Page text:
Politics, Research

Siyah: The Ottoman Scramble for Africa

This is the fifth instalment in ‘Siyah’, a series exploring African Diaspora and Turkish social and cultural narratives, with journalist Adama Juldeh Munu. Courtesy of the Ottoman History Podcast, the following interview looks into Ottoman diplomacy in Africa against the backdrop of nineteenth century European colonial politics.

The Scramble for Africa is a term to describe the outcome and implications of the 1884-1885 Berlin Conference, attended by European nations with the exception of Switzerland, and including representatives from the Ottoman Empire and the United Kingdom. As writer Patrick Gathara states in an Al Jazeera article: “The West African Conference of Berlin would last 104 days, ending on February 26, 1885. In the 135 years since, the conference has come to represent the late 19th century European scramble and partition of the continent … It did something much worse, though, with consequences that would reverberate across the years and be felt until today. It established the rules for the conquest and partition of Africa, in the process legitimising the ideas of Africa as a playground for outsiders, its mineral wealth as a resource for the outside world not for Africans and its fate as a matter not to be left to Africans.”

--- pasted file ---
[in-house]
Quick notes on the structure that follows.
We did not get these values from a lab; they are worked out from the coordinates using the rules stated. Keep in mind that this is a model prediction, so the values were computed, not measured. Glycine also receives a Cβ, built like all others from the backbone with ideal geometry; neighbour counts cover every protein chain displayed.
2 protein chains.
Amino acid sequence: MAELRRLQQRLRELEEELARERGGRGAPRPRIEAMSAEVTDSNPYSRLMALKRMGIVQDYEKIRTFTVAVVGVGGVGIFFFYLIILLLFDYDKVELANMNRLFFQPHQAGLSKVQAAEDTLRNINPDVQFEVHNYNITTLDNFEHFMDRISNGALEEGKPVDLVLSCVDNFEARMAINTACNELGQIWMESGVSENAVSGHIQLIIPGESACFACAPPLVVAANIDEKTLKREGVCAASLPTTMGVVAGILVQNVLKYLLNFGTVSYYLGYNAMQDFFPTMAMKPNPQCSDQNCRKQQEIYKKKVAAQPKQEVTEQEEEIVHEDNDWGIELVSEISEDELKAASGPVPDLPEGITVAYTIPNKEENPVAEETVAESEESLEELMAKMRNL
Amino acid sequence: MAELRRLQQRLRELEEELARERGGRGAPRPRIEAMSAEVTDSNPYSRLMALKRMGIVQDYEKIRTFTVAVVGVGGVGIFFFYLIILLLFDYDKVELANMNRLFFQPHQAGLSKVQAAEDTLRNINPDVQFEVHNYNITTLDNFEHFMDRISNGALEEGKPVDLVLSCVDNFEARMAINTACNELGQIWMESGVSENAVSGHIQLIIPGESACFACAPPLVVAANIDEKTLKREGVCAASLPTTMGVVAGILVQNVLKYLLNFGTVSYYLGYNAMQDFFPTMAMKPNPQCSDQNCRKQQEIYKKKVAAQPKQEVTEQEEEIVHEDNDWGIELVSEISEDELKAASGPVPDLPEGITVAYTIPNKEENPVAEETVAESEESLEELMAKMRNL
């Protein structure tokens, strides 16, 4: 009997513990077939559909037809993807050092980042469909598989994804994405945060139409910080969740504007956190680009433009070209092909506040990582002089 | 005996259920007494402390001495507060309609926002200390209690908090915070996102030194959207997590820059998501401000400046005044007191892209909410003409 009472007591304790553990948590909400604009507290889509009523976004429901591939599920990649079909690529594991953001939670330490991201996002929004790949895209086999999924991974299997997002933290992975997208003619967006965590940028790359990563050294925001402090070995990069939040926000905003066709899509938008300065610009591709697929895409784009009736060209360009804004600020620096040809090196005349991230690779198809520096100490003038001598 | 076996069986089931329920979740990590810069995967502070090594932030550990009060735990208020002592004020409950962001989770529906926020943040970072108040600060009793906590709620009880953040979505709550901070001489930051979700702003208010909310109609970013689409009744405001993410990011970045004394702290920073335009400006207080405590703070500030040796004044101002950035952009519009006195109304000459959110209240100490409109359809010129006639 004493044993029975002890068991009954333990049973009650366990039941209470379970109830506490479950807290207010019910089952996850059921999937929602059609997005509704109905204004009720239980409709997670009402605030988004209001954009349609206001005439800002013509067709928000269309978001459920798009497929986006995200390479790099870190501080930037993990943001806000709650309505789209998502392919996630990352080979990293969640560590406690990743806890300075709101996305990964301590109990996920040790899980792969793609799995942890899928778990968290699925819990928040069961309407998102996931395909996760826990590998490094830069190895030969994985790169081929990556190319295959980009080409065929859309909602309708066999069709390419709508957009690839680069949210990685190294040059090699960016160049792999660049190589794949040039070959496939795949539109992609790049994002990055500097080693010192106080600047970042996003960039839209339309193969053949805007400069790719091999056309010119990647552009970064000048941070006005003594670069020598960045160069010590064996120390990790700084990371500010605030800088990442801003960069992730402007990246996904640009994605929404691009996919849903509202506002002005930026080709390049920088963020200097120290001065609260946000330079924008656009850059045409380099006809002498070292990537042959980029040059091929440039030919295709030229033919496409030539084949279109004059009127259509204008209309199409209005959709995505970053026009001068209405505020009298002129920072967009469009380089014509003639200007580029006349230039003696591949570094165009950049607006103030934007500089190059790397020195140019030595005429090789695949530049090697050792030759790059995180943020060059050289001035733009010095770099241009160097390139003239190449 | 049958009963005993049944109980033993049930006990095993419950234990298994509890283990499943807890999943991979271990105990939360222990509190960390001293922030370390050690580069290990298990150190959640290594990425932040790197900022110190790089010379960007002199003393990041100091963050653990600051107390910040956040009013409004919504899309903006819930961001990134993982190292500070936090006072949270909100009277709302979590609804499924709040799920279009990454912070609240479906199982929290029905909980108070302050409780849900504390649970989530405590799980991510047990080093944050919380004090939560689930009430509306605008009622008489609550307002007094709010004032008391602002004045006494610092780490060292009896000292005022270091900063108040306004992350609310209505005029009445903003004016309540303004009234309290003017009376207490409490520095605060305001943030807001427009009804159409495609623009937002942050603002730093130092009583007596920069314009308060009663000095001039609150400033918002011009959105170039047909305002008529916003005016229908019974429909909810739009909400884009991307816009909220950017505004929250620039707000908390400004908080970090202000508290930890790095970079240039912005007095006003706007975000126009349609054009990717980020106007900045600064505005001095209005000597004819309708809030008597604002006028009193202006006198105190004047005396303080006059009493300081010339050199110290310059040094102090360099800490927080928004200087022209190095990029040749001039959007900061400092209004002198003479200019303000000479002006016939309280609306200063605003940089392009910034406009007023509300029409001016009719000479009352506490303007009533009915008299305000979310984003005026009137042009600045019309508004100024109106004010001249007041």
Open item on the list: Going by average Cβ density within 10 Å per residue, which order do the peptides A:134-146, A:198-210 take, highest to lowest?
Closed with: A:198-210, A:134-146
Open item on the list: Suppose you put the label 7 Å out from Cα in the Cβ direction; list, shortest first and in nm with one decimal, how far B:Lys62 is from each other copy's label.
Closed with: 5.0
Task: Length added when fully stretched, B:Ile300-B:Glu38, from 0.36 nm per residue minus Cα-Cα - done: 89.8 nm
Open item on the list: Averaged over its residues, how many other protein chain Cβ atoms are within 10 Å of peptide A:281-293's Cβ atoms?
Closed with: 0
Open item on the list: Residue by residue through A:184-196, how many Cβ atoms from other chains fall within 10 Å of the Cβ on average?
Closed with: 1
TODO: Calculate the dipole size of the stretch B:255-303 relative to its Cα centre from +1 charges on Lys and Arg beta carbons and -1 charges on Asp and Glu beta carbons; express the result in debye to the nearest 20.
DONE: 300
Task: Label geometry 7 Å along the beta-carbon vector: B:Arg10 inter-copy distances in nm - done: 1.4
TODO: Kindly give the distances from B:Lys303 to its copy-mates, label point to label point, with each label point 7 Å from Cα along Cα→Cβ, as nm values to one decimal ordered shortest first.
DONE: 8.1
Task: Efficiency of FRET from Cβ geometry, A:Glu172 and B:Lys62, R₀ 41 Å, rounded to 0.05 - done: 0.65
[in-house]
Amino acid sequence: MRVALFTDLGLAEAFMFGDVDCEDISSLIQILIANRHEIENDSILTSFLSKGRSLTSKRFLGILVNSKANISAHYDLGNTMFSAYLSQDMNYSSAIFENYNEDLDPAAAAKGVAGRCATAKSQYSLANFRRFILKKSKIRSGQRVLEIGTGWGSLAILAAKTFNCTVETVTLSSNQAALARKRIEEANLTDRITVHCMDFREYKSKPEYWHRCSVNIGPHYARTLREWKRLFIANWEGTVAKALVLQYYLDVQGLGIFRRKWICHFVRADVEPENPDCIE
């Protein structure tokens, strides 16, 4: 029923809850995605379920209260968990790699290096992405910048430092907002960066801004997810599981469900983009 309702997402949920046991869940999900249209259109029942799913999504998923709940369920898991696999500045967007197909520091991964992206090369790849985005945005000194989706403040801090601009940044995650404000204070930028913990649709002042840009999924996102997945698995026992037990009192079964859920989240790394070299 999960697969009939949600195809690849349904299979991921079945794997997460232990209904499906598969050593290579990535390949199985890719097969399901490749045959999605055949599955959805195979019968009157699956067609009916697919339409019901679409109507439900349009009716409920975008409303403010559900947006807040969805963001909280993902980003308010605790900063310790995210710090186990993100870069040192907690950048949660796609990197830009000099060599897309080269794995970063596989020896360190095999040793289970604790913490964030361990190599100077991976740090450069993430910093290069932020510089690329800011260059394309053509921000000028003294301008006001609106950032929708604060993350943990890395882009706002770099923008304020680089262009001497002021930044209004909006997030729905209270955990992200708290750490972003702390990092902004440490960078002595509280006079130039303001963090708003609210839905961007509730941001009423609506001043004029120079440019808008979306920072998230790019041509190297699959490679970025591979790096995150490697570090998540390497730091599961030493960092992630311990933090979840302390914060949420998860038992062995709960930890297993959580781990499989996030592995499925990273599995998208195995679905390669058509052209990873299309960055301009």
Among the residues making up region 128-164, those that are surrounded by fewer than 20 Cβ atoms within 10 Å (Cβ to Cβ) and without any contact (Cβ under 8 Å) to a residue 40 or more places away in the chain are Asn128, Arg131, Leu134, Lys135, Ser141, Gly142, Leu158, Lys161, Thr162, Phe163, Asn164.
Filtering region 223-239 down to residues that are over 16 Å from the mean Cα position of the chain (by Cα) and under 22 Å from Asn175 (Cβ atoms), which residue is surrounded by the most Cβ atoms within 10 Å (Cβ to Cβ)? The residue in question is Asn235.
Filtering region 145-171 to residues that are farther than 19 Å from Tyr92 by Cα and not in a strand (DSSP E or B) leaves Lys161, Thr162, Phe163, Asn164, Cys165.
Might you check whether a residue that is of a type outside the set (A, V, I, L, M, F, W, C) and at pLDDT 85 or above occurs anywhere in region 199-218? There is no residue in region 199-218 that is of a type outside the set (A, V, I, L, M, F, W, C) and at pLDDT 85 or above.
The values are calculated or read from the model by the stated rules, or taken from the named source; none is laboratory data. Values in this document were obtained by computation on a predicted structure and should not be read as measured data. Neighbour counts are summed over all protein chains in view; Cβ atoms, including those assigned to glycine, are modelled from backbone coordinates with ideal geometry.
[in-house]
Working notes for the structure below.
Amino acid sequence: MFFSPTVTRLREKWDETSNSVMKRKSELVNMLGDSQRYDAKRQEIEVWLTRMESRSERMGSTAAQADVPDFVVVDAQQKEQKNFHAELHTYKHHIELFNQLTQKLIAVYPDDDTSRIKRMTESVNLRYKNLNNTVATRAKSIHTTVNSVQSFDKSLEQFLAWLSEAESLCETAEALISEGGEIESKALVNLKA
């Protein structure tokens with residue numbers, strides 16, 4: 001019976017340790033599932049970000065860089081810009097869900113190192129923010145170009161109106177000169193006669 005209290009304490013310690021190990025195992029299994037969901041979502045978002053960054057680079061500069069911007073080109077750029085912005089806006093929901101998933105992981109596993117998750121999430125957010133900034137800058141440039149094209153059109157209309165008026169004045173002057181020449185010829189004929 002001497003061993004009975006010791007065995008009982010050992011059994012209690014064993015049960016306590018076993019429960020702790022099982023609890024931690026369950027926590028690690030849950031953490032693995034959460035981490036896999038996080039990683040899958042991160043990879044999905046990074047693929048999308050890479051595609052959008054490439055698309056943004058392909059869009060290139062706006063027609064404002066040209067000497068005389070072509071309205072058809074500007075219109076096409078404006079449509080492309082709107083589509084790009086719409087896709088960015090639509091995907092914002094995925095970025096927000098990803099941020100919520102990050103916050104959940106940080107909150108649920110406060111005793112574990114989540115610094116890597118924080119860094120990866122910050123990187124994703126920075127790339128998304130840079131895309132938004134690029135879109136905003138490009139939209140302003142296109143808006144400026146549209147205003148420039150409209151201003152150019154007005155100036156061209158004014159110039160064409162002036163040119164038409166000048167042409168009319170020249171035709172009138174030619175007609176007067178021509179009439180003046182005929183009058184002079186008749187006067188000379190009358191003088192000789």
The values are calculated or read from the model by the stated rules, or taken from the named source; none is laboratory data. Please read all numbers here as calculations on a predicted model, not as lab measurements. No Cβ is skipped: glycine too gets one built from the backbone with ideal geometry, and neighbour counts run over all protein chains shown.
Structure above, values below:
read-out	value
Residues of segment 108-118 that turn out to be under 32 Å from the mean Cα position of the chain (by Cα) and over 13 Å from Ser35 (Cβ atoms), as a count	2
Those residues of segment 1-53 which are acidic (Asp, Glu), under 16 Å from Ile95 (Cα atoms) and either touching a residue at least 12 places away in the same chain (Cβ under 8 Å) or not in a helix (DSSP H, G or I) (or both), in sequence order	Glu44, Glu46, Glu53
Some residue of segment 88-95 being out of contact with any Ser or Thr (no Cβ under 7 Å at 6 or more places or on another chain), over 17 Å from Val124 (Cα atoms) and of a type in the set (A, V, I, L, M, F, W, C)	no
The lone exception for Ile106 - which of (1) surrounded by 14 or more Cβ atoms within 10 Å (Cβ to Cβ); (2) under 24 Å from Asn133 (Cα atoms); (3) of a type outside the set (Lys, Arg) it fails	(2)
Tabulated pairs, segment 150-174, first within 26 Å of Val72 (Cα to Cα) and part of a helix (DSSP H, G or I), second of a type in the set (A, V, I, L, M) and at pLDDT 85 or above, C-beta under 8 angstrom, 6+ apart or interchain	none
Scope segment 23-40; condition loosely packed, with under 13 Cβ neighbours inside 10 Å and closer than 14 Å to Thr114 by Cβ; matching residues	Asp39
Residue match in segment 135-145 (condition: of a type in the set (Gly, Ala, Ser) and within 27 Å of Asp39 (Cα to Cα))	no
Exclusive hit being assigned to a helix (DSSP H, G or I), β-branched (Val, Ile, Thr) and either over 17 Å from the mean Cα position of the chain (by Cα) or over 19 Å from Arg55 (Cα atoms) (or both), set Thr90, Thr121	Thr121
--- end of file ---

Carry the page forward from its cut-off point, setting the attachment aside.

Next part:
Anton von Werner, Congress of Berlin (1881): Final meeting at the Reich Chancellery on 13 July 1878, Bismarck between Gyula Andrássy and Pyotr Shuvalov, on the left Alajos Károlyi, Alexander Gorchakov (seated) and Benjamin Disraeli

The Ottoman Empire occupied an unusual place among the competing imperial powers of the nineteenth century. On the one hand, a weak military position often forced the Ottomans to accept unfavorable economic and political arrangements while playing other empires off each other to maintain autonomy. On the other, there was an expansion of state institutions throughout Ottoman domains and an increased Ottoman presence in many parts of Asia and the Indian Ocean region. Many even point to a form of Ottoman colonialism practiced at the empire’s frontiers. Mostafa Minawi offers a glimpse into the Ottoman Empire’s role in the realm of strategic imperial diplomacy within the context of the Scramble for Africa and European competition over influence on the continent.

Hosted by Christ Gratien

Special guest: Mostafa Minawi, Assistant Professor of History at Cornell University

Listen here.

Source: “The Ottoman Scramble for Africa,” Mostafa Minawi and Chris Gratien, Ottoman History Podcast, No. 143 (1 February 2014)

Mostafa Minawi/Ottoman History Podcast

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